Aboriginal Peoples and their supporters battled the cold today in the hopes of making a difference.

Idle No More demonstrations were held across the country, with two events taking place in the Maritimes.

The protest was part of a World Day of Action as MPs returned to the House of Commons in Ottawa.

More than 200 people battled the bitter cold as they marched across the Macdonald Bridge from Dartmouth into Halifax, beating drums, chanting and waving flags in protest of Bill C-45.

One lane of the three-lane bridge was shut down to accommodate the activists.

“Treaty rights affect everyone, not just natives, and it affects out environment, it affects everyone,” said one protester.

“We believe that we have to place a lot more emphasis on environmental protection in our country and that’s what we’re out here to support today,” said another.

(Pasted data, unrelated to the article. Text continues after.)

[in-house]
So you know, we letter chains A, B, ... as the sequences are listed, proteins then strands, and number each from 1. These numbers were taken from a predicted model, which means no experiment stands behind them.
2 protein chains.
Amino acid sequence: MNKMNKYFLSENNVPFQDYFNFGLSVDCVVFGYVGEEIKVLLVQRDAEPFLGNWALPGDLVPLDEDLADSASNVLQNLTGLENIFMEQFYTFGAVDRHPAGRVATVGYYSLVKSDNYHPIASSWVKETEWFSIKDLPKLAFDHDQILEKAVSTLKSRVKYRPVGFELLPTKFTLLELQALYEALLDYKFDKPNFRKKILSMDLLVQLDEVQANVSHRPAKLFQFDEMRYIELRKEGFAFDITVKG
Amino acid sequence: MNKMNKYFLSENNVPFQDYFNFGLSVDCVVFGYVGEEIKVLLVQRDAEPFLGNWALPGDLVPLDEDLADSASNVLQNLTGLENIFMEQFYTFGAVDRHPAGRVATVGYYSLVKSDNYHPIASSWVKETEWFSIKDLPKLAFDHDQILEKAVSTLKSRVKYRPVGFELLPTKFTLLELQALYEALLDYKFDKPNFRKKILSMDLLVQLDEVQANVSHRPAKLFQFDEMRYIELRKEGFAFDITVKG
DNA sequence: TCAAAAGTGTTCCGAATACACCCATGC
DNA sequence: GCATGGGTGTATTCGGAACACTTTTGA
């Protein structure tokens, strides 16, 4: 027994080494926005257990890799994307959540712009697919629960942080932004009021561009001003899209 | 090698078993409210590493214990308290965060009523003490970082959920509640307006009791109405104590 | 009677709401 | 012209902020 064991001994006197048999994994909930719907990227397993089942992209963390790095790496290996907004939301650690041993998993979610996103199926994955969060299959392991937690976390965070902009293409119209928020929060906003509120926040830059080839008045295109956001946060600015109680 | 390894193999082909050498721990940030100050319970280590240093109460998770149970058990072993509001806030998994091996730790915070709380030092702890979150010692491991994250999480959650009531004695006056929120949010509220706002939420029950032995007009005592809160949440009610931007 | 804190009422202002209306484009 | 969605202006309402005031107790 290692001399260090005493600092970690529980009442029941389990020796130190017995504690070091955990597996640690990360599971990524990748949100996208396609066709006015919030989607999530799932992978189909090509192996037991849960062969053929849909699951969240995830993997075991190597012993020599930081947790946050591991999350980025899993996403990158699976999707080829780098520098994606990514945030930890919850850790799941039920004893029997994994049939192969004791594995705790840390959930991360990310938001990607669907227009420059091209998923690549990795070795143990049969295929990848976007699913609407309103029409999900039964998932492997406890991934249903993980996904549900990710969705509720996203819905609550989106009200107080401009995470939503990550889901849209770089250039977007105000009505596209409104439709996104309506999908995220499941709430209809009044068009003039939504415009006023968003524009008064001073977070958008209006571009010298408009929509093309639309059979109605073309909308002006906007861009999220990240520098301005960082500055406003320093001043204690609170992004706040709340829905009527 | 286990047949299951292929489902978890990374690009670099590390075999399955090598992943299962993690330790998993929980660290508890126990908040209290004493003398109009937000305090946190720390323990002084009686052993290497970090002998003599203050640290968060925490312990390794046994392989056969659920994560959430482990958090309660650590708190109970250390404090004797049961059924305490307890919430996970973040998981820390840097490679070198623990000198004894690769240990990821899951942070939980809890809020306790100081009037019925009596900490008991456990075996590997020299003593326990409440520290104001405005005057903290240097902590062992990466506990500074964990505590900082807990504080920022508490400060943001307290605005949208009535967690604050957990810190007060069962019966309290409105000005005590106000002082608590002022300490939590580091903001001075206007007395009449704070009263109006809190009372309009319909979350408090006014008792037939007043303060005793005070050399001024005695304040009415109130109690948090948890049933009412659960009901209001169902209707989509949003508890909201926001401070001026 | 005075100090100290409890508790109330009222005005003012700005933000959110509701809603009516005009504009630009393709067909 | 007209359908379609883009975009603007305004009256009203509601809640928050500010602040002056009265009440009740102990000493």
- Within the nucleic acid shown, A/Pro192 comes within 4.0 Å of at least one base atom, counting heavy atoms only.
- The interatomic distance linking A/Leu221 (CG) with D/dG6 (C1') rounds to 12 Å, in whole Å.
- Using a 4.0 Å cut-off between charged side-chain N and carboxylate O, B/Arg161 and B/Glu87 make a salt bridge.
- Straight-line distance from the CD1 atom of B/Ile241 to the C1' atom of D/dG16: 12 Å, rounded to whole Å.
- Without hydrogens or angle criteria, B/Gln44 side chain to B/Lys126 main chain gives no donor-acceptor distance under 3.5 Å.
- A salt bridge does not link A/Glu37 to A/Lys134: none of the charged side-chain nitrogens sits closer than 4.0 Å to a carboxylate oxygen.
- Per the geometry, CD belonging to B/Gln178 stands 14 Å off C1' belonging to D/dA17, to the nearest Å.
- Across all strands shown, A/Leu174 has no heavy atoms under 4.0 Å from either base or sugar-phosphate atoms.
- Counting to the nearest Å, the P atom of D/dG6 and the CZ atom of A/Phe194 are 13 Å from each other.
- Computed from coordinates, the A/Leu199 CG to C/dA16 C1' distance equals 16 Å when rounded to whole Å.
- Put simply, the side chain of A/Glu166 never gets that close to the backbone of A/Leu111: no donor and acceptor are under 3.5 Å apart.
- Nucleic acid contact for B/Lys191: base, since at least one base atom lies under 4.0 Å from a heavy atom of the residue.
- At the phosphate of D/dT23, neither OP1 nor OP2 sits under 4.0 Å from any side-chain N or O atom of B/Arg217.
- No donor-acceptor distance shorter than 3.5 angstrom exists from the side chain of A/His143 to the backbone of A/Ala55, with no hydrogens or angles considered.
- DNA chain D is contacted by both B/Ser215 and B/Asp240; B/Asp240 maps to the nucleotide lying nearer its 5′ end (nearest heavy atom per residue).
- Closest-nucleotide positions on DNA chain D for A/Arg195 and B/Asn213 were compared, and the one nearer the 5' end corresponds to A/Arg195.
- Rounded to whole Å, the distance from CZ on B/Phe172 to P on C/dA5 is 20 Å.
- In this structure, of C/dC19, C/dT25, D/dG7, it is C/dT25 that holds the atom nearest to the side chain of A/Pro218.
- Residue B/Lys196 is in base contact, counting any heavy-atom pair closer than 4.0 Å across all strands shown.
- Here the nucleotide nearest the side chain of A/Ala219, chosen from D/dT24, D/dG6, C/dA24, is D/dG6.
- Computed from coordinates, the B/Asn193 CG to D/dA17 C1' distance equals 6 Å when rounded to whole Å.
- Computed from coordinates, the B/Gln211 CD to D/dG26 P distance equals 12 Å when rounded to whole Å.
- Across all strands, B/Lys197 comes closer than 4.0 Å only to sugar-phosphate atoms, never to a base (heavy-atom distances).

Demonstrators continued their peaceful march through the city’s north end and onto the Halifax Common.

Organizer Marina Young said today’s rally shows Canadians that Halifax stands firm with the rest of the country.

“There’s a fire lit under the movement and Chief Spence, we can accredit her for her participation, her action that’s inspired us to do more than what we have been doing,” said Young. “We’ve been idle and we’re not going to be idle anymore.”

An event in support of the nationwide Idle No More campaign was also held in Sackville, N.B. today.

Brandy Bernard told CTV News she is worried about her future if the bill becomes law.

“I’m proud to be here. I’m proud to be native and I’m proud to be fighting for my land, fighting for our land, our water,” says the 14-year-old.

Organizers in Halifax said today’s event isn’t the end for Idle No More in the city. They have also planned a videoconference at Dalhousie University this week as well as a youth conference.

With files from CTV Atlantic's Suzette Belliveau